The other people all managed to swim out of the rip and swim back to shore on their own. Apparently it was a lot easier to swim out of the rip to the right, as opposed to the left, which was the way the American girl and me chose to swim.

There were a couple of other blue-bottle incidents. One of the mentors got one wrapped around his leg, and Guido from Germany got one stuck down his shorts! Luckily, the back. But still, somewhat hilarious for the rest of us.

So that was our exciting beach trip. The whole weekend was fun. Oh, interesting fact: 90% of all the lifeguards in Australia are volunteers. Amazing, eh? And they’re really good, and they just hang out at the beach all day, and it’s all really professional. I don’t think I’ll go swimming anywhere without lifeguards for a while.

So remember kids, stay out of rips, blue-bottles will hurt but not kill you, and lifeguards are the real heroes of the day.

1st Day Apart

Tuesday, February 21st, 2006

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Sue left for Melbourne last night, I remain here in Sydney. From here on out you’ll be reading about 2 different adventures.

Arrival in Sydney

Saturday, February 18th, 2006

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Hello all,

Sue and I arrived in Sydney 3 days ago. We crashed. Then got up ate, and crashed again. That was day 1. Day 2, I bought some essentials, then I met Sue at the beach. It took me an hour and a half to find her, but once I did, it was great. I live a 30 minute walk from Coogee Beach (if I was a faster walker, it would be closer), and we’ve been every day so far. I can see myself going every single day while I’m here.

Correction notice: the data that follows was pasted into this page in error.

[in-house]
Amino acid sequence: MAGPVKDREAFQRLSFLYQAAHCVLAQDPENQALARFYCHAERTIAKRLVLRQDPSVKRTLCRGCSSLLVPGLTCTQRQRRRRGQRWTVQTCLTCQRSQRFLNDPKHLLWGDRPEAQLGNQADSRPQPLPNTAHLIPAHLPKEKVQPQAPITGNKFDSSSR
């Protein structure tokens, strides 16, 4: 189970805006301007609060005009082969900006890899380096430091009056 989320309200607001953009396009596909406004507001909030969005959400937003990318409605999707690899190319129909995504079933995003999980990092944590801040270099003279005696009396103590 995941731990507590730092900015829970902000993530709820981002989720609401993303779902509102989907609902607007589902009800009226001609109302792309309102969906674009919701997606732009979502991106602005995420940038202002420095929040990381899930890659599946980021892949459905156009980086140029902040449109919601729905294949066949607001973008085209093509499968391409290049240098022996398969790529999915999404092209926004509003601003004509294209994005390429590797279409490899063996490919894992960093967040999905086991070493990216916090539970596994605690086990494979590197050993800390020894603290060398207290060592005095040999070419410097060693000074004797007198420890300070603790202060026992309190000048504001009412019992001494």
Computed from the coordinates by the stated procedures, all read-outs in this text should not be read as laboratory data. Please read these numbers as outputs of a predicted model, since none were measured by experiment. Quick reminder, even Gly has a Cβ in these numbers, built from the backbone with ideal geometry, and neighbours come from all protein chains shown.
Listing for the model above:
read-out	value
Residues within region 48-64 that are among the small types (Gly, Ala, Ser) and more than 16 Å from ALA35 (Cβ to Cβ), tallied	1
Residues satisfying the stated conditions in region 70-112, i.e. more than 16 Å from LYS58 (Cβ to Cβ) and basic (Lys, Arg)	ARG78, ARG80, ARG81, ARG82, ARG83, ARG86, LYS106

The waves are quite big. Sue got tired of waiting for me at one point and went for a ’swim’. She got rocked. She waited at the edge for a while, just eyeing the waves. She then decided to enter the ocean at the wrong wave at the wrong time - her feet were wiped out from under her, she got sucked into the wave, tumbled around, popped up somewhere else, and the people around her were very surprised to see her there. People laughed, her swim suit was full of sand, and she decided to head back to the beach. The girl beside her on the beach said “you’re not very good at swimming, are you?” when she returned. She advised Sue that she won’t be so likely to get sucked in by the waves if you turn your body sideways to the waves, instead of meeting them head-on. I found Sue sometime after this episode, and she had sand all through her hair and all over her face.